Nov 09, 2022, 06:29AM

Nowhere Man of Sugar Street

Jonathan Dee’s new novel Sugar Street screams for a screen adaptation.

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It’s useless, there’s no escape. The Panopticon, the Black Iron Prison, the All-Seeing Eye, Big Brother, right around the corner from Minority Report. You can’t live an anonymous life anymore in the United States—or much of the world—without holding a certain amount of registration and “authentication.” In the U.S., our Social Security Numbers, given at birth, are also only a few degrees removed from microchips, nine digits ironically assigned to pay us out right before we croak. Whether or not you have good reasons for “disappearing,” you can’t now, it’s impossible. A person’s past is only so inaccessible.

Jonathan Dee’s novel Sugar Street follows one such man, an unnamed narrator who never breaks his terse, fair streak, one taken up after the collapse of a former life, one revealed only glancingly at the novel’s end. Dee’s nowhere man doesn’t exactly brag when he details all of the inconveniences he undertakes not to be seen—avoiding certain highways with good cameras, gas stations, hospital visits—he’s clearly getting a kick out of being on the lam and perhaps being bad for the first time in his life. He sounds like a guy that’s maybe had an affair or two, and justified it/them in his mind without telling his wife.

Dee’s prose is strikingly clean and a significant improvement over his previous novel The Locals. Less than 200 pages, Sugar Street often reads like a bulletin, but sanded clean. This is liberal white male masculinity at one of many predicted end of the worlds: Dee’s nowhere man is introduced on the highway with around $169,000 in cash and not much else. There’s a hilarious moment early on when a guy sells nowhere man his old junker of a car. “Why’d you give me such a good deal?” the nowhere man asked. “Because I never want to see you again.” You can see James Gleason or Walter Brennan in the role, or even Woody Harrelson.

One of Sugar Street’s strengths is how much it suggests a screen adaptation. Besides the Taxi Driver ending (not a cop out, as I’ve heard some say), these are all characters made to order for certain working actors: Autumn, the nowhere man’s cantankerous and weather-beaten landlord on Sugar Street (in who-knows-where-ville, USA), is obviously Allison Janey. I know Dee is a novelist first but frankly this book is about as straight as they come—Quentin Tarantino’s Cinema Speculation, despite being non-fiction, was more formally inventive—and it benefits from its brevity. Nowhere man should be played by Henry Rollins, but 10 years younger, but it could still work. The character’s fixation, not quite obsession, on helping young foreign school children doesn’t even read as creepy—he obviously ran away from his daughter, or a life where he never had kids in the first place.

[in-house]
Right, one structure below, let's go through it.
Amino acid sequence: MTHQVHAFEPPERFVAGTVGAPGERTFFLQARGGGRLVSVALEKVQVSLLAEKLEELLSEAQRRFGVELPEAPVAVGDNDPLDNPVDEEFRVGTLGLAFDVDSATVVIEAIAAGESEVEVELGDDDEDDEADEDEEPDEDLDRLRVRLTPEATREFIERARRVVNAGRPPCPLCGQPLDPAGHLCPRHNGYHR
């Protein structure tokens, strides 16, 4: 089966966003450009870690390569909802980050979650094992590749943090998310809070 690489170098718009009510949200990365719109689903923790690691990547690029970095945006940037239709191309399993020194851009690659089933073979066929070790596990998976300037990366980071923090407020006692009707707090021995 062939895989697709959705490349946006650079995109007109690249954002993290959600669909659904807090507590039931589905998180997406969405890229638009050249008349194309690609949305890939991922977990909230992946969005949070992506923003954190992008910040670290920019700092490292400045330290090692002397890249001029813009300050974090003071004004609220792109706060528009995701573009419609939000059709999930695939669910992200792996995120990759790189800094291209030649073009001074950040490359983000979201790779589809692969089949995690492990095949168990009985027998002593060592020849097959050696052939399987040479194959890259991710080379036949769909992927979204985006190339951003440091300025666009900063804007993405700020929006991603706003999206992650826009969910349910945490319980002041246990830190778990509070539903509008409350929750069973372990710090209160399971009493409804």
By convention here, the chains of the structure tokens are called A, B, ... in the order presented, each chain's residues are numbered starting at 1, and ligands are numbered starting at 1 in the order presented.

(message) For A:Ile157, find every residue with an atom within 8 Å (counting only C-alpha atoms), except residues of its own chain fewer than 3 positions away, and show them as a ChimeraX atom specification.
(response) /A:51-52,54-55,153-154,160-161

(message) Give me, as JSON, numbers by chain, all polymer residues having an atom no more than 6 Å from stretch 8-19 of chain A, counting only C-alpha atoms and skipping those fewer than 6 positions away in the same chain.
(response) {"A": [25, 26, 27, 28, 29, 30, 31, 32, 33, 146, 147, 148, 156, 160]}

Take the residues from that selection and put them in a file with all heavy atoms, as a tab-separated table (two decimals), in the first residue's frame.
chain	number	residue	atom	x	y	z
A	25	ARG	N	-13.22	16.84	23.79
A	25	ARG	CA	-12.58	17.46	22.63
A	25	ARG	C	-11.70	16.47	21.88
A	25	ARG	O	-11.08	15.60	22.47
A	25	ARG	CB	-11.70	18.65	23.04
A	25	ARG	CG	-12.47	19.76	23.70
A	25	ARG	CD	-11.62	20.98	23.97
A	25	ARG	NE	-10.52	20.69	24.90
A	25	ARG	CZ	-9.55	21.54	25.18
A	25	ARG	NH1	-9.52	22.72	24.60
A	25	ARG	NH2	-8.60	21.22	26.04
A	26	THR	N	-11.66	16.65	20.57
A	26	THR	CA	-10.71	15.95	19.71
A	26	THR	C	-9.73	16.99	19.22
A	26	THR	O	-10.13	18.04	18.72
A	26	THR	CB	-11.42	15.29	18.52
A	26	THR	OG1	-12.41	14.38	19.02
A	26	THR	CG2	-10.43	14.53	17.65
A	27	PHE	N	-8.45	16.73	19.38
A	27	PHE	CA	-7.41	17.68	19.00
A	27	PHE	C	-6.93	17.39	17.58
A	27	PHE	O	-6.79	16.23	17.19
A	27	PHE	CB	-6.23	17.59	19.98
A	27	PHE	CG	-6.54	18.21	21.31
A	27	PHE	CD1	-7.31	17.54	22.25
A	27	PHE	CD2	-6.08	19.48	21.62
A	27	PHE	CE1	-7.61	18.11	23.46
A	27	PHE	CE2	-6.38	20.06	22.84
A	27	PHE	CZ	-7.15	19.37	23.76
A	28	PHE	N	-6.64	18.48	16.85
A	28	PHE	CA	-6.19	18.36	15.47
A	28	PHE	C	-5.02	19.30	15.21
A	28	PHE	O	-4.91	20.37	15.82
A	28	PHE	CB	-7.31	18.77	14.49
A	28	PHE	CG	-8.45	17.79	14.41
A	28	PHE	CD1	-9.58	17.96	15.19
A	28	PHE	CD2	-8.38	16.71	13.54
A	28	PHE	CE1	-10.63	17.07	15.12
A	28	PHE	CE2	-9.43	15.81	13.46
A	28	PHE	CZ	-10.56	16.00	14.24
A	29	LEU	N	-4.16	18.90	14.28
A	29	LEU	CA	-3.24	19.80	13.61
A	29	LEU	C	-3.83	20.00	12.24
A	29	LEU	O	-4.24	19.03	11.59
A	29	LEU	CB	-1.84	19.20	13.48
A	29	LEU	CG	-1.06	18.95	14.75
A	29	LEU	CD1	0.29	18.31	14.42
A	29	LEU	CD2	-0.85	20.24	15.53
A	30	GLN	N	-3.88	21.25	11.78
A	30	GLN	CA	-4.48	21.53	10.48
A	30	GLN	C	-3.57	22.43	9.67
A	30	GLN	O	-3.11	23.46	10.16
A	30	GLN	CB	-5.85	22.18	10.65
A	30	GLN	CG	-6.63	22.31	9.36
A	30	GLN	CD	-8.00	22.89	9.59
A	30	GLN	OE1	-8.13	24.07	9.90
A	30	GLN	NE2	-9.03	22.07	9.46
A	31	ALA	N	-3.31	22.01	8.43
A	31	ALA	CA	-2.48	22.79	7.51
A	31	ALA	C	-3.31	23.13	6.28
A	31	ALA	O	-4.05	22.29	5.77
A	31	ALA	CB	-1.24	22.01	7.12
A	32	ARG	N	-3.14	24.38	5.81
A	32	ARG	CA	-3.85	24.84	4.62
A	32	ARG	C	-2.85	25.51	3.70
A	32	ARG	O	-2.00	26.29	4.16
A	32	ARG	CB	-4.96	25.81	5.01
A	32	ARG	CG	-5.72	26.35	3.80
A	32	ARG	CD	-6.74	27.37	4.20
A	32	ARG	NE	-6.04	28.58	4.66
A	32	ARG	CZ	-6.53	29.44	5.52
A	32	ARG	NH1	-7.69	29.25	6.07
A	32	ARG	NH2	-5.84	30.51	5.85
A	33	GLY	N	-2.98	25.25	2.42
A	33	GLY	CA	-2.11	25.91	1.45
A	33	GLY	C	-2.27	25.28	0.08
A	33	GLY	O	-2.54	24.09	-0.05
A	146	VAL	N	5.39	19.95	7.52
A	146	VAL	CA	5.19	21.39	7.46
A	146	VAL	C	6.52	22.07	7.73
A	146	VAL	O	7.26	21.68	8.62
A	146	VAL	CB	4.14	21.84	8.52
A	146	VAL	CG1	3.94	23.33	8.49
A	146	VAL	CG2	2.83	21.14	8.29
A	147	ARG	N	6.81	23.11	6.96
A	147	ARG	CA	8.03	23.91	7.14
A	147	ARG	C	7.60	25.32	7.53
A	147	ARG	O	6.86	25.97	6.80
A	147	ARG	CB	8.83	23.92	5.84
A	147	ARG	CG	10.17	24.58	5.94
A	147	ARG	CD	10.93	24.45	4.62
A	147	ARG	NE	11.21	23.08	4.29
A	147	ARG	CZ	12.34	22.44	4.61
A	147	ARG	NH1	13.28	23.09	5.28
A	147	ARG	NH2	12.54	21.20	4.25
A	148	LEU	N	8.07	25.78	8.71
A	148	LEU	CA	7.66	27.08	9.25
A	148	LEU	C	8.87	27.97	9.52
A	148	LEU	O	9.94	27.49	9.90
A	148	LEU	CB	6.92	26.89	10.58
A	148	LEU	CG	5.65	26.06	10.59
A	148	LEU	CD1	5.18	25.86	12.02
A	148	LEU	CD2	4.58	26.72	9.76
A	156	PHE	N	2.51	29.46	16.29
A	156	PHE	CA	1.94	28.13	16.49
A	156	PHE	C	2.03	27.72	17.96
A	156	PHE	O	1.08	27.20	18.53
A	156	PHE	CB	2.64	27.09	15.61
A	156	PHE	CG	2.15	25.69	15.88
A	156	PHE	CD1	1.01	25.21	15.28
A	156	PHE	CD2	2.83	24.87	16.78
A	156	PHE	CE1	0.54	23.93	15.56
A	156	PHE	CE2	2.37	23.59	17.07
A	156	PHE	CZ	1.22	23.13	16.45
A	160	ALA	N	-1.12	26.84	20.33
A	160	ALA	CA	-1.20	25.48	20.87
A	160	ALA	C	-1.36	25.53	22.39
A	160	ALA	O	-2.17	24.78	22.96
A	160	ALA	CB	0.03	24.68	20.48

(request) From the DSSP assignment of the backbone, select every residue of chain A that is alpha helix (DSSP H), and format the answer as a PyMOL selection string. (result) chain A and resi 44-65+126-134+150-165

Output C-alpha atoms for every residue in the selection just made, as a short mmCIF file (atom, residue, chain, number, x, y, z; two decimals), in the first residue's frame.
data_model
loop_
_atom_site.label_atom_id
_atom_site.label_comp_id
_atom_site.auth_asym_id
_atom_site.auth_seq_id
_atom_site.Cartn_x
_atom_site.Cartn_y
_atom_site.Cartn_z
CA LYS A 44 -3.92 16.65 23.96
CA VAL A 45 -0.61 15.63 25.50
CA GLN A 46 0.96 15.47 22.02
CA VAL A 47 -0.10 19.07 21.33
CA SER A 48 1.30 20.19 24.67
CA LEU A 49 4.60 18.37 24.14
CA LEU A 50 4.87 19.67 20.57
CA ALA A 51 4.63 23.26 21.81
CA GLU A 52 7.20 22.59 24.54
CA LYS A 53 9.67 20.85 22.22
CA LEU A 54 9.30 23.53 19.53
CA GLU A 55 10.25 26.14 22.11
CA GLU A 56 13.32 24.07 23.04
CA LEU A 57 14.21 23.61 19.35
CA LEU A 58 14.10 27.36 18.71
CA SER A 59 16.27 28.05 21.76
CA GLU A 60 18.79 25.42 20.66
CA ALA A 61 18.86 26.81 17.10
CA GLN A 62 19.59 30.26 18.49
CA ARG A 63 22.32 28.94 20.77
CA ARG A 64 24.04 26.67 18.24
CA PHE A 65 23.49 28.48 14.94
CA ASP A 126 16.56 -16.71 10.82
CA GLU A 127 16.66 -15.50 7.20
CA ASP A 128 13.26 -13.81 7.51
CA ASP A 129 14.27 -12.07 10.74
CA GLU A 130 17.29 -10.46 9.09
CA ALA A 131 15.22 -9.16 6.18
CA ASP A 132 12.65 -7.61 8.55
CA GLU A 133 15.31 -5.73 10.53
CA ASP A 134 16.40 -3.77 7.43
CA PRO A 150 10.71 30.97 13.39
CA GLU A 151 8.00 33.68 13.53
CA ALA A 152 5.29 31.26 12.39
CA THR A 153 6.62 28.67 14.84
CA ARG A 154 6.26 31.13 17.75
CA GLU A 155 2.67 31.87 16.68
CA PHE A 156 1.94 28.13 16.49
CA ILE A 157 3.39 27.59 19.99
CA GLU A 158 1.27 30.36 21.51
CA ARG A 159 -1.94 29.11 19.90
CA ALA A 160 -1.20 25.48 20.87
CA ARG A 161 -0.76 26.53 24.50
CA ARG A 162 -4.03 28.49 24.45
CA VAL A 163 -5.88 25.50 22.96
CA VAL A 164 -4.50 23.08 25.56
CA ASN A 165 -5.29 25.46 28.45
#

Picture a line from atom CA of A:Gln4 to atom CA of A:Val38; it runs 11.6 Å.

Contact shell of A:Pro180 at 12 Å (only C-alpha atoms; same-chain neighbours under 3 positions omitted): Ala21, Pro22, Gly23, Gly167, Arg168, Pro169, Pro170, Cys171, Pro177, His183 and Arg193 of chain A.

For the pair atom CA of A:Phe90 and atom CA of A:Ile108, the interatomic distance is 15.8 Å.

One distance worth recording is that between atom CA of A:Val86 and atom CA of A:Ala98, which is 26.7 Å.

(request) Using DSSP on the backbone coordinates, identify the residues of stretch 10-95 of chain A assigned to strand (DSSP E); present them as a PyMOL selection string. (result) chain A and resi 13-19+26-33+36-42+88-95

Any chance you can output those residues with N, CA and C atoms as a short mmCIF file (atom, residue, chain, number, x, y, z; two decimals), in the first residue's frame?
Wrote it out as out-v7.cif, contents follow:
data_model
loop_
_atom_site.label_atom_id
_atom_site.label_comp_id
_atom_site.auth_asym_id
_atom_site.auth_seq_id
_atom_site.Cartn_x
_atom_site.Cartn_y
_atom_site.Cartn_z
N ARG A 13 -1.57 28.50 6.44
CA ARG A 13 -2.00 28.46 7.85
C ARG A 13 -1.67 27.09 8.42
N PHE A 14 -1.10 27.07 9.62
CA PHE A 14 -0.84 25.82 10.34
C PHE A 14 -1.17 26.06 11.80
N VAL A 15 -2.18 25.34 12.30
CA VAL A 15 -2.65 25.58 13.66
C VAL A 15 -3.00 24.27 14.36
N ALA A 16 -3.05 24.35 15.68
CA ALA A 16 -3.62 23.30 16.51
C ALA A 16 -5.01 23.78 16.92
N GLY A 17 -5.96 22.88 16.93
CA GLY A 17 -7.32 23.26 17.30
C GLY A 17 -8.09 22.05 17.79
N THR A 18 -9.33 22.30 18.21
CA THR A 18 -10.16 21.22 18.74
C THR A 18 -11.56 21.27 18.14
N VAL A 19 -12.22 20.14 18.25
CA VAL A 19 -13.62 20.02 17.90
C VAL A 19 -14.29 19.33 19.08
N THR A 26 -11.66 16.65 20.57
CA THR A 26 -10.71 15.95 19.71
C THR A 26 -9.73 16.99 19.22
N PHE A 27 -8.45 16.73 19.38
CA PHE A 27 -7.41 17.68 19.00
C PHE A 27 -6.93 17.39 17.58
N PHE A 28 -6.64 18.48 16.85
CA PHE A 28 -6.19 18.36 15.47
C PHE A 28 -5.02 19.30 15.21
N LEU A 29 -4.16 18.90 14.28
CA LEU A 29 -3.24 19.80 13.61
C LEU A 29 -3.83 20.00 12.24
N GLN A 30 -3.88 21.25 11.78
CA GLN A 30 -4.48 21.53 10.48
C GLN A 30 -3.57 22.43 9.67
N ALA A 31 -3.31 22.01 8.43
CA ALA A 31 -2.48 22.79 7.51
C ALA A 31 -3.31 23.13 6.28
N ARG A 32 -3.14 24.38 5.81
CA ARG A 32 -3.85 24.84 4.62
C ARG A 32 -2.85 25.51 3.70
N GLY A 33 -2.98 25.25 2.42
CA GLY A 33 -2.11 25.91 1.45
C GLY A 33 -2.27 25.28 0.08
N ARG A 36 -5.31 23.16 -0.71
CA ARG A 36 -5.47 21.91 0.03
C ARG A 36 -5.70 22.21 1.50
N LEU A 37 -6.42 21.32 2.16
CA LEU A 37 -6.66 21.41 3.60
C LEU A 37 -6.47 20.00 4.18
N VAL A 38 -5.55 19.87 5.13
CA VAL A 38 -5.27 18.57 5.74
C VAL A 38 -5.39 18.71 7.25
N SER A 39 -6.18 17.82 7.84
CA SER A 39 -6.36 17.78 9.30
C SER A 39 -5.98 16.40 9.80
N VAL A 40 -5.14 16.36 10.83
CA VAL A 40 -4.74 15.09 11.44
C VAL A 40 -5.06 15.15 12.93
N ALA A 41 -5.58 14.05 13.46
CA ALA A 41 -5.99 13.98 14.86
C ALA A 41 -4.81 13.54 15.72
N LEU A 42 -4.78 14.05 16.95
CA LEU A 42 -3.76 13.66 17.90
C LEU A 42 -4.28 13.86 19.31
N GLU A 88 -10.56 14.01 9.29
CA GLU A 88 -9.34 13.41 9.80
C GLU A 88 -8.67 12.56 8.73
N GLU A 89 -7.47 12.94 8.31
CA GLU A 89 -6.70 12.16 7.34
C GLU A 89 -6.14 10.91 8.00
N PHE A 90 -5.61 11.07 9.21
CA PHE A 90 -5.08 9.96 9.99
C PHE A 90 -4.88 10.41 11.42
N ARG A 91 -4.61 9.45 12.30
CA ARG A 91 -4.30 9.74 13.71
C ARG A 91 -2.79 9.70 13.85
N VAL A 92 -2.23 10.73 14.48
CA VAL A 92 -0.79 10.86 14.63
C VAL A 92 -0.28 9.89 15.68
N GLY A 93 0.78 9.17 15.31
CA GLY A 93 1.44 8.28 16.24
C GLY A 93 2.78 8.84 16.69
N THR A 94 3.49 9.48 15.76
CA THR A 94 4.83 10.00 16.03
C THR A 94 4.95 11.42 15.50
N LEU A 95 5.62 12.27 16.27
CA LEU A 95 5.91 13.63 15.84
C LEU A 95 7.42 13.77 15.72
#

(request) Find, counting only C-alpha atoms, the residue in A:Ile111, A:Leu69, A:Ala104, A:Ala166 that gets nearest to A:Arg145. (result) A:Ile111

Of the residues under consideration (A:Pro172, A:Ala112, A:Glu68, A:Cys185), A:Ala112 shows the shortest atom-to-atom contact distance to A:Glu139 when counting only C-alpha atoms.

The novel’s hysterical revelation that this proud, Paul Schrader type ascetic nowhere man didn’t do anything grand or mysterious or especially evil—he ripped off his business partner and left his wife—screams for the screen, with an irate Janey reciting Autumn’s farewell of FUCK-YOU’S word-for-word. Sugar Street only falters, and shows the age of its author, when it tries to put anything about “woke culture” into the mouth of its protagonist, whether good or bad. Like certain complaints about “political correctness” in the early-1990s (and feminist politics in the 1970s), this stuff doesn’t age well—it’s already molding. Still, for a new American novel, Sugar Street does suggest a new way, a niche of publishing for short books written with contemporary settings. I’ve no idea how long Dee took to write Sugar Street, but it’s nothing a good writer couldn’t produce in six months. New novels twice a year instead once every two—who’s up for it?

—Follow Nicky Smith on Twitter: @nickyotissmith


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